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Visual novels are having a Moment

We’ve written before about visual novels here before, but in the year since that last post the genre has been in a renaissance. Games like Doki Doki Literature Club have been playing with the structure of the genre, developers like Aether Interactive have been pushing the standards of writing forward, and The Worst Girls and Pillow Fight teamed up to master presentation. Now more than ever is visual novel community’s time to shine.

Historically visual novels were niche products rarely officially released outside of Japan. The scene was bolstered by fan translation and piracy, but with the rise of digital storefronts legitimate copies became available and customers responded with huge piles of cash. The demographics of visual novel development are also shifting. While Japanese developers still produce a huge number of entries in the genre each year, western developers are showing up in force. In fact, all of the games I mentioned above are developed in the west.

Doki Doki Literature Club

But what do the demographics of game development have to do with the rising tide of visual novels? Visual novels have comparatively simple creation tools, which allows for a more diverse developer pool and by extension: more diverse and interesting games. One of the highest rated visual novels of all time is the IGF Award winning queer sex comedy Ladykiller in a Bind, and some of our favorite VNs that we’ve featured on our blog are unflinchingly queer. What was once a genre centered around erotica has expanded to include more people than ever.

With this democratization of visual novels has come more thoughtful design. Sure there are still games where you click to advance text along a set path but outside mechanical influences are starting to crop up inside of VNs to great effect. The aforementioned Doki Doki Literature Club is [spoilers] advanced by accessing and deleting files on your pc, and Ladykiller in a Bind has a Metal Gear Solid inspired detection system for conversation.

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The future of visual novels is also bright. With the genre’s explosion in popularity over the past few years there are more people working with visual novels than ever before. Budgets are expanding, developers are taking more risks, and critical respect for the form is improving. Recent years have felt like the beginnings of a new world for visual novels and I can’t wait to see where things grow from here.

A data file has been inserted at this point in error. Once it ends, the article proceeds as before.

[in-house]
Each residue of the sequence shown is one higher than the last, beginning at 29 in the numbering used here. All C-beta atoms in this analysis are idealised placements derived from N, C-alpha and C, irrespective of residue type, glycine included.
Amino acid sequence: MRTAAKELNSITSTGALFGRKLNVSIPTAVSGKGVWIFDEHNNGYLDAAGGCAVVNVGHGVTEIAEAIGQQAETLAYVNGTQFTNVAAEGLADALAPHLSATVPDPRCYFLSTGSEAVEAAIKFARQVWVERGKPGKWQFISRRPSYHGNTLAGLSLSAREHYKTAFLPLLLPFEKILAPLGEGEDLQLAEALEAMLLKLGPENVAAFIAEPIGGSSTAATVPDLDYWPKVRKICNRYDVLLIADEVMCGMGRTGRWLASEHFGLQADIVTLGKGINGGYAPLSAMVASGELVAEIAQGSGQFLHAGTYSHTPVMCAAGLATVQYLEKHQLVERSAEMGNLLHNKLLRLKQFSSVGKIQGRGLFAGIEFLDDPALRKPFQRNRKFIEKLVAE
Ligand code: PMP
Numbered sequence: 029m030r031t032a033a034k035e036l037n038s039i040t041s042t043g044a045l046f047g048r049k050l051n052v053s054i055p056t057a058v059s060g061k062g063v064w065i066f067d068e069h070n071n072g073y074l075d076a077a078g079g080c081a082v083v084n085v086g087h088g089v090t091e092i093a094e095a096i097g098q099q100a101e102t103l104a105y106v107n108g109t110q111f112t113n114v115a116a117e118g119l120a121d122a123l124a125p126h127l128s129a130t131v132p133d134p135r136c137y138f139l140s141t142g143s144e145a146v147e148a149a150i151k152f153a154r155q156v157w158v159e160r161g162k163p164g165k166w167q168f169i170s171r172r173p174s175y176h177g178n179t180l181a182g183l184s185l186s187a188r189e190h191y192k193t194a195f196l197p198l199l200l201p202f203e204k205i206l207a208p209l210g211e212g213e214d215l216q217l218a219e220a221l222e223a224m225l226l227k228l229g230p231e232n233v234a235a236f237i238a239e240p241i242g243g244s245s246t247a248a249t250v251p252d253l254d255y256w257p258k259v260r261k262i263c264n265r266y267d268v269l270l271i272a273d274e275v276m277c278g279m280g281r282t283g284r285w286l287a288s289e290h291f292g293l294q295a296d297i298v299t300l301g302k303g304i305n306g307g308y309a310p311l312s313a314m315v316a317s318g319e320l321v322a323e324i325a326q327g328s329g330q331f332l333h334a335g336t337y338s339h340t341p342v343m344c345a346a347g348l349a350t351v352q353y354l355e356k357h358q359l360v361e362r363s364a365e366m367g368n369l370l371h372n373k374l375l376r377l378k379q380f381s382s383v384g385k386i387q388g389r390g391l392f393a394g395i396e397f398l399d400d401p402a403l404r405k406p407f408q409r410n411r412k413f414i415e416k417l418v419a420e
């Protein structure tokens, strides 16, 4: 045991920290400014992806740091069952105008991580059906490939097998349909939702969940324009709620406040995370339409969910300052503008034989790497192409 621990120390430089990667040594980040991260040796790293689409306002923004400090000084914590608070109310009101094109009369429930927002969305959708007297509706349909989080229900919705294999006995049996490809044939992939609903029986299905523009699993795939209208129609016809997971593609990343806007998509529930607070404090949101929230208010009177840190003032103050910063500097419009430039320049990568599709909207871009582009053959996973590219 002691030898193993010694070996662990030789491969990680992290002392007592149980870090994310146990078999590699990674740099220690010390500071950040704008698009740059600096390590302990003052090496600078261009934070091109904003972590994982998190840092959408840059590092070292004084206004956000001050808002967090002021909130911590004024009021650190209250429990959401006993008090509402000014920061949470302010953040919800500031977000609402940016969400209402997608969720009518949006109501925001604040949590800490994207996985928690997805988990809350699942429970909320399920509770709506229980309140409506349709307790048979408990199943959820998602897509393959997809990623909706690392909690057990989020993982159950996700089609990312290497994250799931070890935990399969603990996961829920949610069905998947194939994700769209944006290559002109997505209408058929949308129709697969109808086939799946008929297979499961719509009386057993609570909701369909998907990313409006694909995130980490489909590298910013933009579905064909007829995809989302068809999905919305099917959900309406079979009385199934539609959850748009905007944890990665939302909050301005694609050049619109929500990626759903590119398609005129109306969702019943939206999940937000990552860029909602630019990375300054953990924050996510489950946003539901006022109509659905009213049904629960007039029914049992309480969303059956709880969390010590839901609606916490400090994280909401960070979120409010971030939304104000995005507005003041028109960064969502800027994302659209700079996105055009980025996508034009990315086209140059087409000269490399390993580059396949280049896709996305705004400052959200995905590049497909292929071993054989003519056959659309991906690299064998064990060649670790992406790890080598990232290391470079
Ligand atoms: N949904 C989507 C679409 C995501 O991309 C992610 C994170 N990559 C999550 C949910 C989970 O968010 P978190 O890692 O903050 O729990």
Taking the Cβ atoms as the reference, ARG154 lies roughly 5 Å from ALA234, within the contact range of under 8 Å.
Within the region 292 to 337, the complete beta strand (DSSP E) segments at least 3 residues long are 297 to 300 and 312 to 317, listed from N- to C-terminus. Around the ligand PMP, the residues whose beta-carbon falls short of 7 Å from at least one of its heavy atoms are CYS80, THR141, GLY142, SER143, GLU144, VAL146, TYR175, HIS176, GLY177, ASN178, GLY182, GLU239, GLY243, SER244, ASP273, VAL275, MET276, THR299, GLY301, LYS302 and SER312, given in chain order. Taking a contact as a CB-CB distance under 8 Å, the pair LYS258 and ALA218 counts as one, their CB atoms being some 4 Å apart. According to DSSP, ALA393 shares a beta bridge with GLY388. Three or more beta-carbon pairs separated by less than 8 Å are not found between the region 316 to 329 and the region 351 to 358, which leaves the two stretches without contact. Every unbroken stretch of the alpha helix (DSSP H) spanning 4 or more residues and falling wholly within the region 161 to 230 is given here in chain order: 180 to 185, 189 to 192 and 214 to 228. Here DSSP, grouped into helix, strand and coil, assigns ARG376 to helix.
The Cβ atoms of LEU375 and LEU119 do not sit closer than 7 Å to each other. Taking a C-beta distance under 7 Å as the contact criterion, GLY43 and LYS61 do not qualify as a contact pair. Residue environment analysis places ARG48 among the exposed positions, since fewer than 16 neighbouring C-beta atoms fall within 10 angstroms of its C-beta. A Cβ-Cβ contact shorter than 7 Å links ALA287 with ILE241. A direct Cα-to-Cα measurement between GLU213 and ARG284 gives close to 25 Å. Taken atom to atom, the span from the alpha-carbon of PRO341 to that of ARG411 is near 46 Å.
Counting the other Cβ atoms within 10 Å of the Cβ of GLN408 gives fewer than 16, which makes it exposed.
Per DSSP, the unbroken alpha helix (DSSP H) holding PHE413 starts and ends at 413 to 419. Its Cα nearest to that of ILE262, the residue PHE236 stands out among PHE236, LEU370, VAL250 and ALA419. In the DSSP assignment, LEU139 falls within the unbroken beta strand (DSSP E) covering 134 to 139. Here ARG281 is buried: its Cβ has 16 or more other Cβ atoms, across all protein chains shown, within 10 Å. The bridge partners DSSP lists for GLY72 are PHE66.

Interested in catching up on visual novels? Check out every game tagged as a visual novel here.

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(+3)

About a decade ago, there was basically no such thing as "English visual novels", much less the notion that they could make money and even become successful. Now, thankfully, it seems every year we step closer and closer to becoming much more recognizable rather than the tiny niche we started from, and I also can't wait to see the field grow.

(+1)

I like the fact that now I can get decent/official translations of VNs on legitimate store fronts on top of the fact that we have western written ones as well.

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A bit over a decade ago there was Sprung (Ubisoft, 2004), which was intended to be a "western dating sim." It was a huge commercial failure, but it did at least get some people interested in the genre who otherwise wouldn't have been.

This was, incidentally, the first commercial game I worked on, so while I have very mixed feelings about it as a game, it holds a soft spot in my heart.

(+1)

This trend has made me feel much more secure on working on my current gamedev project, which is an Interactive Fiction/Visual Novel game made in Twine. Until recently, I did not think such games would be successful in the modern game space.

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